Statistics from the National Debtline, a charitable consulting agency for people with debt problems in England, Scotland and Wales, are astounding. The year before Tony Blair’s Labor Party came to power (1996), Debtline received 60,000 calls for help. Over the next eight years, the annual number more than doubled to 130,000. Just two years later, the number of callers doubled again to 270,000 in 2006. Recent interest rate increases are expected to push the number even higher this year.

But mortgage-related shortfalls only make up part of financial problems facing Britons. Of the 270,000 callers to Debtline last year, 66 percent have credit card and other bank debt burdening them. The number of court judgments served for non-payment of debts soared to a 10-year high during the first quarter of this year.

While Britons continue to borrow more and spend more, the national savings rate has plummeted into negative territory—the worst level since records began in 1960. Even including employers’ contributions to pensions, the national savings rate is only 2 percent. Officially, inflation in Britain is running at around 2.5 percent, which means that even with employer contributions, the average Briton’s savings are eroding, as families are choosing to dig into their savings to finance their everyday spending.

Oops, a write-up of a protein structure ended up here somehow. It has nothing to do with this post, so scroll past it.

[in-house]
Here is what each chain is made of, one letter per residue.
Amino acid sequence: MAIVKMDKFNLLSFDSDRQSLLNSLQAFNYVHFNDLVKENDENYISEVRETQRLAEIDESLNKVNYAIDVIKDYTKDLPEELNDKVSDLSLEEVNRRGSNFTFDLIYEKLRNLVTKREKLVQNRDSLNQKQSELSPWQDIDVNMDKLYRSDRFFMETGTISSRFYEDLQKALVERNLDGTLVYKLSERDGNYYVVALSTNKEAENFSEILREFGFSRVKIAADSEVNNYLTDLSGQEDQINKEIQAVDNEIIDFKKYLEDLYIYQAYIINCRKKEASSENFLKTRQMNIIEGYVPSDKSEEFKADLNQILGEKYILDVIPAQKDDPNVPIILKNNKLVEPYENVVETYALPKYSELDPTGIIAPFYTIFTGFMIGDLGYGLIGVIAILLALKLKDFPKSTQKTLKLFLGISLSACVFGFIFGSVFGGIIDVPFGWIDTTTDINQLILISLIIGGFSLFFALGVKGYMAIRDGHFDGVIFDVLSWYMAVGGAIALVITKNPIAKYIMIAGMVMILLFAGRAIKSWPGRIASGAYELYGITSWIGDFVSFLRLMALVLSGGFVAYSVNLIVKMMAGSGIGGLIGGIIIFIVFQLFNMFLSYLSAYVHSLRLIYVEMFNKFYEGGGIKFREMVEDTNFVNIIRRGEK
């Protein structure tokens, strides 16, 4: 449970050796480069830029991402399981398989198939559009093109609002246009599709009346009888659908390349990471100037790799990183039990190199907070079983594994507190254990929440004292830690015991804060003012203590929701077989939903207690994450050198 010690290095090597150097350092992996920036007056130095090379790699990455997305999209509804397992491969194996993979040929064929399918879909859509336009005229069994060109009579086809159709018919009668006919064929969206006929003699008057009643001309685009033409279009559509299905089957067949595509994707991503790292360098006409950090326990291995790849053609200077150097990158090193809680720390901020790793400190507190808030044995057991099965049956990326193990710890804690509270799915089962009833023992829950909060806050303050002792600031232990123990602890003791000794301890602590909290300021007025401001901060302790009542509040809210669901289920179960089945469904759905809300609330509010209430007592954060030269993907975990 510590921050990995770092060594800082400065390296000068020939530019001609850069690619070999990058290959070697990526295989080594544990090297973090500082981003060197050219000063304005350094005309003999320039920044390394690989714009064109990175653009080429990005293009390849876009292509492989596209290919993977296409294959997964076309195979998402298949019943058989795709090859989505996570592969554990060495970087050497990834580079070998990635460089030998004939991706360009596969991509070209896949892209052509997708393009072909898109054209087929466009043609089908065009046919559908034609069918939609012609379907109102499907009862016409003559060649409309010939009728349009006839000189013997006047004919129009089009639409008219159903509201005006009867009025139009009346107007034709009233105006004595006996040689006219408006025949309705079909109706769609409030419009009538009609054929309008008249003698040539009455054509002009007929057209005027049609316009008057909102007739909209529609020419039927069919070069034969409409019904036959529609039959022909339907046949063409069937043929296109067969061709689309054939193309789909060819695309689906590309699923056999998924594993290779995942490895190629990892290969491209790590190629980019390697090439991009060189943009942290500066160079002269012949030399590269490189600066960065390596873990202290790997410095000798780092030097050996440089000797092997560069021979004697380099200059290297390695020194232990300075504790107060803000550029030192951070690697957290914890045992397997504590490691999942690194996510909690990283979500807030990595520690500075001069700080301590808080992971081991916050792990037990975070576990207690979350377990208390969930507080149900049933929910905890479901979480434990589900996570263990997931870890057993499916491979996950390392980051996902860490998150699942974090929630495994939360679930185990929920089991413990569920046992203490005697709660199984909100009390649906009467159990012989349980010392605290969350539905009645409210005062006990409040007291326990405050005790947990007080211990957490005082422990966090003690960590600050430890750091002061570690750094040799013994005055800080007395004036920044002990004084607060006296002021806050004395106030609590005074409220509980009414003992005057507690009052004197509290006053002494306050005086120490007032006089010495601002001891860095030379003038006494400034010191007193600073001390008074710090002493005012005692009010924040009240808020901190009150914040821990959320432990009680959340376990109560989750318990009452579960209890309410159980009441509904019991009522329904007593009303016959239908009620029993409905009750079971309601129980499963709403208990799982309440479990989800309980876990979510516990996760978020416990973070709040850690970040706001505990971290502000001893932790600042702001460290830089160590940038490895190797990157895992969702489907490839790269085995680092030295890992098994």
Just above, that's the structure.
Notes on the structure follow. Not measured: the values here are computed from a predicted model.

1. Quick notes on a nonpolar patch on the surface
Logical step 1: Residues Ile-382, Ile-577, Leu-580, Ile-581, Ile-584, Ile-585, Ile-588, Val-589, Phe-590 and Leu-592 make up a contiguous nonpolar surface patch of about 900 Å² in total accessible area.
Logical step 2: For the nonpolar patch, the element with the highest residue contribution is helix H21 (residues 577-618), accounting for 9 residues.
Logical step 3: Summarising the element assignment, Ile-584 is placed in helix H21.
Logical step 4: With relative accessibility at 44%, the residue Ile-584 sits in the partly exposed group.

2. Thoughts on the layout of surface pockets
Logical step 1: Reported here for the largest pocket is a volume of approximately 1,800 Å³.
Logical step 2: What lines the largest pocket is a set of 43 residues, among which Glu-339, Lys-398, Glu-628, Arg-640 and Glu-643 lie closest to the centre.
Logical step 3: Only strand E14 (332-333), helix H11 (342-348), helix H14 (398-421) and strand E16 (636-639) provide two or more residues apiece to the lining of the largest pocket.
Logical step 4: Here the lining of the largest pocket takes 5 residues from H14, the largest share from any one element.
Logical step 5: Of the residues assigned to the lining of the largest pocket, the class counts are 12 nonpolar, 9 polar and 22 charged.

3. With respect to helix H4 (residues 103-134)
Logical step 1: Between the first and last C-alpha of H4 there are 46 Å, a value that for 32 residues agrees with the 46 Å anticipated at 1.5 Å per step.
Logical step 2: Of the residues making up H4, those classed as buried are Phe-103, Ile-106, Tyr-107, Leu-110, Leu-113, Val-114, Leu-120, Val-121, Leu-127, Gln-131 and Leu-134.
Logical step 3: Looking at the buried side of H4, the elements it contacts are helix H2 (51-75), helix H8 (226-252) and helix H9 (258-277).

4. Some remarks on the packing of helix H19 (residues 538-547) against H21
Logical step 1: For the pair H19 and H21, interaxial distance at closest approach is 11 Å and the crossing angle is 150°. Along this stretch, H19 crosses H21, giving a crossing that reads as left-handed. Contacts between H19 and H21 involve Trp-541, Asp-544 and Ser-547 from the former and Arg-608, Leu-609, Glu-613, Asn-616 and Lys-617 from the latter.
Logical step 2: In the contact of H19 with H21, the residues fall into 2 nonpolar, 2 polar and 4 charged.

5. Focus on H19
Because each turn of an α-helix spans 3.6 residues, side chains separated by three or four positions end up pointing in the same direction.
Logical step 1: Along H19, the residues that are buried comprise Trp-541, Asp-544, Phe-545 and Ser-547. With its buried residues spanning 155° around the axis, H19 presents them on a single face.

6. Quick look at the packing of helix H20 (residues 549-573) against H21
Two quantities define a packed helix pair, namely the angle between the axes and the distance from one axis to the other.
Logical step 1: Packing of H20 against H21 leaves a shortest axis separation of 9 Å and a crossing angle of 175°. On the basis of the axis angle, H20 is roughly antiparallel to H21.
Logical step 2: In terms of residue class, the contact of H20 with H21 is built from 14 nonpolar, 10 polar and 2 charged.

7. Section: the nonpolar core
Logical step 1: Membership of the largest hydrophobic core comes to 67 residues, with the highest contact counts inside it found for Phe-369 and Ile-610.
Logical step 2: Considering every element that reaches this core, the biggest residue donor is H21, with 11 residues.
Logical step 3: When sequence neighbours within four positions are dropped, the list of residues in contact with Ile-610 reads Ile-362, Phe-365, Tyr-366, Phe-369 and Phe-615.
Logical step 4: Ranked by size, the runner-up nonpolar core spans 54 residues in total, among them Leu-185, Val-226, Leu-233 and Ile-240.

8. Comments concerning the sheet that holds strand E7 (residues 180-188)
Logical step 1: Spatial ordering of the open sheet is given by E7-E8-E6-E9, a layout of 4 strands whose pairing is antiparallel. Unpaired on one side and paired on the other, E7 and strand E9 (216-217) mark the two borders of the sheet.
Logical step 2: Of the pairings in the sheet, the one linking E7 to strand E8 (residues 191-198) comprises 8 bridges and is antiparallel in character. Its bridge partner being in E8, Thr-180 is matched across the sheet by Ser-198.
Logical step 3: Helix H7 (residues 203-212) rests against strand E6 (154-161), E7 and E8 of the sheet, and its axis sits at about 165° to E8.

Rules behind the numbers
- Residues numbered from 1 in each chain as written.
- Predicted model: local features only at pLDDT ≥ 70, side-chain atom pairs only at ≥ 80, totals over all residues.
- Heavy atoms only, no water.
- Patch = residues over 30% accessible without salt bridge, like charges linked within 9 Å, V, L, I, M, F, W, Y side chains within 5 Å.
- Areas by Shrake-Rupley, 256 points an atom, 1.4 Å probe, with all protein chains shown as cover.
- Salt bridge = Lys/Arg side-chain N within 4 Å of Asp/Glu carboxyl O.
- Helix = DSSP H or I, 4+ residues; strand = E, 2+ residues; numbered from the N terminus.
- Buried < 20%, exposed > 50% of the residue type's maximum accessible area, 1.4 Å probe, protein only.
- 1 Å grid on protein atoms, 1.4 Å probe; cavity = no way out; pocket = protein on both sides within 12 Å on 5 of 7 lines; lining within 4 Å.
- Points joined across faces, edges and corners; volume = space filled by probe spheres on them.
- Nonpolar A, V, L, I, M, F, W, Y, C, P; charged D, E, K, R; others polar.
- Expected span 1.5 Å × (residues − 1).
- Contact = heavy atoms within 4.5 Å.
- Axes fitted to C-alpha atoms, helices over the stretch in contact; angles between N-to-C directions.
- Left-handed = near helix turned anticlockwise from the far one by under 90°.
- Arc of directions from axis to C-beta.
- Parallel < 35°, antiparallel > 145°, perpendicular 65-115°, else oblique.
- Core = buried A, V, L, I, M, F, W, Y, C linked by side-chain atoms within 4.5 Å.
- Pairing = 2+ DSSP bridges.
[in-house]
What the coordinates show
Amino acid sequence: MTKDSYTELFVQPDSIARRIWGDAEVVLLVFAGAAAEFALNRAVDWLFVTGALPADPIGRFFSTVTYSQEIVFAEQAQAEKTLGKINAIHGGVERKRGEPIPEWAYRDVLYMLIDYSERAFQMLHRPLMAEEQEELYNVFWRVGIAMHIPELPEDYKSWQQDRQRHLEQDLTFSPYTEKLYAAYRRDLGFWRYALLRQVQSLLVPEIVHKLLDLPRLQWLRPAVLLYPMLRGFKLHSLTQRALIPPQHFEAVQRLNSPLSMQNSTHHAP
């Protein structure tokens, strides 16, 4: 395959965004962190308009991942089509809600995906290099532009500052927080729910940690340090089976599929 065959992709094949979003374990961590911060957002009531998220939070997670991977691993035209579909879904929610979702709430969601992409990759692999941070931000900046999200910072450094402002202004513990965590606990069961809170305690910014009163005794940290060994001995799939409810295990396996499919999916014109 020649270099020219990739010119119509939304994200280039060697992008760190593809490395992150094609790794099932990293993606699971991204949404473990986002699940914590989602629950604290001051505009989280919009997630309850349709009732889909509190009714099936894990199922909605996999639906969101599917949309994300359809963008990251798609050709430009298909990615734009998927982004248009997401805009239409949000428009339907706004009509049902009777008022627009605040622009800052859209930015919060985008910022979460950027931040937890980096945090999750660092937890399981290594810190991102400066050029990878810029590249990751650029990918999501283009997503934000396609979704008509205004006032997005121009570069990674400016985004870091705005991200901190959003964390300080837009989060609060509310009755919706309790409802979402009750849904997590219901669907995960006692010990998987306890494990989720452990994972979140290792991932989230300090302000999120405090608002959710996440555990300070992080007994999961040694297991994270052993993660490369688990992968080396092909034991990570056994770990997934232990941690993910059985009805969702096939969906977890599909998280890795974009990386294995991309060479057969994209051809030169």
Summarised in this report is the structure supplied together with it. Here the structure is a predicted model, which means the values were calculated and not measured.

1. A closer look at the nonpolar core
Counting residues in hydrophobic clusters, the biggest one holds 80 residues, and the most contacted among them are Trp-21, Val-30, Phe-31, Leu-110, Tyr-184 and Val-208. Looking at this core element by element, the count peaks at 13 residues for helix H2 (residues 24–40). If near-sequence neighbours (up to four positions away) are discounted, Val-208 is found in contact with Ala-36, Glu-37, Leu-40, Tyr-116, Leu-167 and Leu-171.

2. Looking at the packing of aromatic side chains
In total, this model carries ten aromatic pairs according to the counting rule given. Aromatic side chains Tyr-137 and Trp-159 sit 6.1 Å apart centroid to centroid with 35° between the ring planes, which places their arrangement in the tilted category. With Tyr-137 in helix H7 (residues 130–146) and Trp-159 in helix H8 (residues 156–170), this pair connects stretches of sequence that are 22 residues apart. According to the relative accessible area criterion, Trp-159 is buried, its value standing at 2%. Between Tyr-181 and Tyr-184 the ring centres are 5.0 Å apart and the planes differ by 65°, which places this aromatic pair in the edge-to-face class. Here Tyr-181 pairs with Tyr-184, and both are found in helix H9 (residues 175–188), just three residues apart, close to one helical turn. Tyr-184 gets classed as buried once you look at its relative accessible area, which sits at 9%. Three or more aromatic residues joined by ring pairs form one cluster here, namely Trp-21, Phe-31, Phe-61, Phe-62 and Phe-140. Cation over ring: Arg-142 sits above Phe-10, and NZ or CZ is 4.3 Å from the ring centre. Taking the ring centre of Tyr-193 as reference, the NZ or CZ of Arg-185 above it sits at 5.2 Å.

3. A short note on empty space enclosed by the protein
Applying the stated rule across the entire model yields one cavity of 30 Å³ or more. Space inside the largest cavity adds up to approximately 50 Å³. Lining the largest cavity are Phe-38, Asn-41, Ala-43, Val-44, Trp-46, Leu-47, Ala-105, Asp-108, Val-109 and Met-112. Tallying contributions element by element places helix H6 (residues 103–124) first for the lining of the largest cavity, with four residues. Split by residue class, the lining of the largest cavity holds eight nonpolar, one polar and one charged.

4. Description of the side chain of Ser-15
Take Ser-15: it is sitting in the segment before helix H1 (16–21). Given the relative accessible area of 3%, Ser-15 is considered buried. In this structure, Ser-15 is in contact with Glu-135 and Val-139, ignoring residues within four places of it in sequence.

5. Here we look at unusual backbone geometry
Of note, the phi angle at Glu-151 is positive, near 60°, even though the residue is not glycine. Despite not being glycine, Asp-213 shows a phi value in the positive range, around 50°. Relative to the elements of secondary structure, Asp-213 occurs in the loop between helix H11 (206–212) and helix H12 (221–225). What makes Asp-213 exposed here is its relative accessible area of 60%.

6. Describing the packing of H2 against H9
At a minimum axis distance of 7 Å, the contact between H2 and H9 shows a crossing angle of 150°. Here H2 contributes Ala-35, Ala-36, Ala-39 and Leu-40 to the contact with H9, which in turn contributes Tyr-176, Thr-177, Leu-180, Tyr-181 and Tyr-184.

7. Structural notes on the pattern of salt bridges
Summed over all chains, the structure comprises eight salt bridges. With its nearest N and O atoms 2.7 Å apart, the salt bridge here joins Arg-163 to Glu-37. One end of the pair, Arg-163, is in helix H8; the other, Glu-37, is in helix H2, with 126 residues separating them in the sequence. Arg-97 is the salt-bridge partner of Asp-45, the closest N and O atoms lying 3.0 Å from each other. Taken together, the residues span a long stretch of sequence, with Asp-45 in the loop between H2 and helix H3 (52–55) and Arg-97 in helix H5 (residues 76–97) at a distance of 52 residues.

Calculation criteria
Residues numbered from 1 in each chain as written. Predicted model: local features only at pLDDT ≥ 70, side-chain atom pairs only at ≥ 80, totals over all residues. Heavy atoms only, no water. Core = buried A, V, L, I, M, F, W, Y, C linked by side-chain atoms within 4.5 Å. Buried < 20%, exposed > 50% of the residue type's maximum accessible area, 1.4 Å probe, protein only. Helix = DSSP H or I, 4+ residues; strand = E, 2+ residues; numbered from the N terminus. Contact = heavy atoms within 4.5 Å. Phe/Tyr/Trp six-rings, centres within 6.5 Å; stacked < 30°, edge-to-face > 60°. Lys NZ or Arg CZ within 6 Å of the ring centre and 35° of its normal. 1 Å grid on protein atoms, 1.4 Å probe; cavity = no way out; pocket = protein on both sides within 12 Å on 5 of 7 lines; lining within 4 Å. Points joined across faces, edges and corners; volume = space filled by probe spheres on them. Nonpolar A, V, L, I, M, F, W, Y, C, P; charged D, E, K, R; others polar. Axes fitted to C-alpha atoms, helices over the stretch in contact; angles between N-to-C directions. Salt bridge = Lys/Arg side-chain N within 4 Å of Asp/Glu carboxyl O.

Personal debt levels in Britain have ballooned so quickly (hitting a record £1.38 trillion) that the British Tory party initiated an investigation to determine why Britons on average owe twice as much as continental Europeans.